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Using Artificial Intelligence to predict COVID-19 severity

GE Healthcare and Oxford University seek to improve COVID-19 management and outcomes

There is so much we still don’t know about COVID-19. Why do some people get so sick and others don’t even show symptoms? Why is the virus so rare in children and teenagers? Why are people with underlying medical conditions six times more likely to be hospitalised and 12 times more likely to die?[1] Which patients will suffer long-term consequences from COVID-related lung damage? And why are rates so much higher in the BAME population?[2] There are even unknowns about how the virus is transmitted[3].

Now GE Healthcare and the University of Oxford-led National Consortium of Intelligent Medical Imaging (NCIMI) plan a study using artificial intelligence (AI) to try and answer some of these important questions. Together, the partners plan to develop and test algorithms to aid in the diagnosis and management of COVID-19.

“It would be extremely valuable to predict at a relatively early stage in the disease which patients will do well, which are at risk of imminent deterioration and should be admitted to ICU, and which are at higher risk of delayed deterioration and need to be actively monitored,” said Professor Fergus Gleeson, a Consultant Radiologist and Professor of Radiology at Oxford, who is leading the study. “These distinctions would allow hospital resources to be targeted to those who will need them while in hospital and following discharge.” 

The planned UK-based AI-enhanced COVID-19 Prognostic Algorithm (HOST) trial proposes to focus on developing, enhancing, and testing potential algorithms to help diagnose COVID-19 pneumonia and predict which patients will experience severe respiratory distress—a key cause of mortality—and which might develop longer-term lung function problems, even when they recover from respiratory distress. 

“If we can ensure patients are quickly placed in the right care setting, this may help improve outcomes,” said GE Healthcare President and CEO Kieran Murphy. This, in turn, could save valuable hospital and ICU beds for patients who need them most – even before their condition turns dire – while enabling lower-risk patients to ambulate at home.

GE Healthcare plans to use data from NCIMI partner hospitals and thousands of medical imaging, laboratory, and clinical observations from COVID patients, as well as the National COVID-19 Chest Imaging Database, to develop the imaging and vital sign algorithms, while the Oxford team would assess and test the algorithms and their potential role in the clinical setting. The goal is to develop tools that help manage COVID-19 patients from triage to acute monitoring, interventions, discharge, and short- and long-term follow up.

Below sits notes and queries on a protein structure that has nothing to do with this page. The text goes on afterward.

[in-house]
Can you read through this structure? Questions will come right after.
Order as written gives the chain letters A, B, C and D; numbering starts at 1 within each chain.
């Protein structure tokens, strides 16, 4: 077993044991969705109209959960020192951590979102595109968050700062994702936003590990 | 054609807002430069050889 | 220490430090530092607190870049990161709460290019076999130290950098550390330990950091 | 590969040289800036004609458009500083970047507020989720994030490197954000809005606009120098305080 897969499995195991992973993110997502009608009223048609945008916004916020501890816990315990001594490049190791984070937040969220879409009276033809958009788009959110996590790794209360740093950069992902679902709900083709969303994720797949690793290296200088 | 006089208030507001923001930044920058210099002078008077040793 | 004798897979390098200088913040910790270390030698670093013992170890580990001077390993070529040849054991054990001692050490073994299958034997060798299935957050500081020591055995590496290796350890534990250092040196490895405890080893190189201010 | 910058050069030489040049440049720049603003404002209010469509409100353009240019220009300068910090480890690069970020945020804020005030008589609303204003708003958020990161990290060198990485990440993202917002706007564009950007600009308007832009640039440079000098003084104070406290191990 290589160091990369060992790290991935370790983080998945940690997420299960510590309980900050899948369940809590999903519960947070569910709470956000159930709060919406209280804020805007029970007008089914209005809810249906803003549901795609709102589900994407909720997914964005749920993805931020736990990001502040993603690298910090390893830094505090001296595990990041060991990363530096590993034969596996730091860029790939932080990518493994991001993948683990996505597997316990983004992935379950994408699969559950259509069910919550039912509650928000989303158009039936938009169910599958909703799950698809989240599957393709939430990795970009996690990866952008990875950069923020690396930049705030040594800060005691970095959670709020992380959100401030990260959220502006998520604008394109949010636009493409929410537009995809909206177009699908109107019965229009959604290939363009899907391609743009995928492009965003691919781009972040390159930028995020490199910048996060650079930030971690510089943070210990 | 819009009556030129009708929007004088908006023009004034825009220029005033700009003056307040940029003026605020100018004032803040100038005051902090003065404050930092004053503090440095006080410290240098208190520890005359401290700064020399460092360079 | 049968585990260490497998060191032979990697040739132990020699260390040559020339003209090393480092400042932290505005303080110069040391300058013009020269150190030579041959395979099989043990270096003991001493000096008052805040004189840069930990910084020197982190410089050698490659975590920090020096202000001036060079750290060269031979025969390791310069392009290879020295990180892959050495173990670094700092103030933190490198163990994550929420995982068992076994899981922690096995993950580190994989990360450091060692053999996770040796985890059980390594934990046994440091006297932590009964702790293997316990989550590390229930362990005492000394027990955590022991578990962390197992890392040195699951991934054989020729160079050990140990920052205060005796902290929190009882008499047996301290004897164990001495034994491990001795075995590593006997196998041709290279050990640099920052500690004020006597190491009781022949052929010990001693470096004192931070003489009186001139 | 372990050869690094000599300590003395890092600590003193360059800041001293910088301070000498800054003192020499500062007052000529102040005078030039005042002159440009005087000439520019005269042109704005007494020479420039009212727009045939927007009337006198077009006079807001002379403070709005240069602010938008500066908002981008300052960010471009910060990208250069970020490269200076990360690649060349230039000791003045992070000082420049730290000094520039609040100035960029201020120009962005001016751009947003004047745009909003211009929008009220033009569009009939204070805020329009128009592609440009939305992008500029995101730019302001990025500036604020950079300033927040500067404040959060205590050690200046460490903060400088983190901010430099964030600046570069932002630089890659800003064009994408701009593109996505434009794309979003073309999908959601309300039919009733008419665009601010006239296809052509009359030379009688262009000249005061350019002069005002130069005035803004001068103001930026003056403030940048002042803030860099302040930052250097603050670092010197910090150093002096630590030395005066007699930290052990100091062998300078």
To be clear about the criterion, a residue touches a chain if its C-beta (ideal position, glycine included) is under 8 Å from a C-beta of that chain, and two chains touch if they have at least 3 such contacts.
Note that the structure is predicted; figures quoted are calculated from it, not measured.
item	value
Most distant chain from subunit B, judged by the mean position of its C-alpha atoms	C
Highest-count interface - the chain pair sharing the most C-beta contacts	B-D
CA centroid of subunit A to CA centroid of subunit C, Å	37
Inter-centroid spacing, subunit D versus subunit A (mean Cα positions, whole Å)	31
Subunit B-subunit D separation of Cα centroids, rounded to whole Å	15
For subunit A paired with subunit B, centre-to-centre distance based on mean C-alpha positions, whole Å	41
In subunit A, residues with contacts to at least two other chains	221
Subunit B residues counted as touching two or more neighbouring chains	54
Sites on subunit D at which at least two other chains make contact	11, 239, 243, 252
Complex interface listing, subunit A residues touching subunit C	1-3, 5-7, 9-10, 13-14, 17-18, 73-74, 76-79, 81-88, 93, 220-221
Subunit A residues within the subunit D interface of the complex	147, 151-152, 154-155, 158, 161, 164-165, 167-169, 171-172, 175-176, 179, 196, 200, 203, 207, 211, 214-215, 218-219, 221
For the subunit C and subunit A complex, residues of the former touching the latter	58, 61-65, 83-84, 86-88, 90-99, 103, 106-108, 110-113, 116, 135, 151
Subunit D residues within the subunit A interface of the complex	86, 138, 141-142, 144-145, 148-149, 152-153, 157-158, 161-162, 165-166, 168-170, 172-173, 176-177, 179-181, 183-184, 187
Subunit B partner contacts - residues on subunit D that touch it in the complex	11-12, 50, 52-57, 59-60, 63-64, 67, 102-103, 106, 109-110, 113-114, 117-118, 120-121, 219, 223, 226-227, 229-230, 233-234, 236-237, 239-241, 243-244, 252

“We decided that if we could work with longitudinal data from patients, we could use AI to explore the links between COVID symptoms, biomarkers, patient risk factors, and outcomes,” said Ben Newton, General Manager, Oncology at GE Healthcare.. It’s an approach GE Healthcare has already developed for cancer, he said, including using algorithms to predict response to therapy. “This is re-purposing that same machinery in the organisation to work on this acute problem for COVID.”

 

Artificial Intelligence and COVID-19: A Perfect Match

GE Healthcare is pleased to be involved in these important research efforts surrounding AI and COVID-19, which Wired magazine predicts will accelerate the use of AI in healthcare. Indeed, it was an AI algorithm that first detected an unusual cluster of respiratory illnesses in Wuhan, China, the epicentre of the pandemic, several days before the World Health Organisation announced the outbreak[4].

There are already signs that AI is playing a major role in efforts to predict, diagnose, and treat COVID-19. A review of how AI is already being used in COVID identified seven key areas:[5]

  1. Early detection and diagnosis
  2. Monitoring treatment
  3. Contact tracing
  4. Projecting cases and mortality
  5. Developing drugs and vaccines
  6. Reducing health care worker workload
  7. Identifying ways to prevent the disease

Researchers are also using AI to predict the risk of sepsis in COVID patients; design proteins to block the virus; and model the risk of infection as states and countries begin to open up.[6]

The HOST trial, said Newton, “will take the deepest learning of past several months and aim to prevent deaths.”

 


[1] Beachum L, et al. Coronavirus has been 12 times more deadly for people with underlying conditions, CDC says. Washington Post. June 17, 2020. Available at: https://www.washingtonpost.com/nation/2020/06/15/coronavirus-live-updates-us/.

[2] Beachum.

[4] [4] Lee K. Covid-19 Will Accelerate the AI Health Care Revolution. Wired. May 22, 2020. Available at: https://www.wired.com/story/covid-19-will-accelerate-ai-health-care-revolution/.

[5] Artificial Intelligence (AI) applications for COVID-19 pandemic. Diab Metabolic Syndrome: Clinical Research & Reviews. 2020; 14(4): 337-339.

[6] Martineau K. Marshaling artificial intelligence in the fight against Covid-19. MIT News. May 19, 2020. Available at: http://news.mit.edu/2020/mit-marshaling-artificial-intelligence-fight-against-covid-19-0519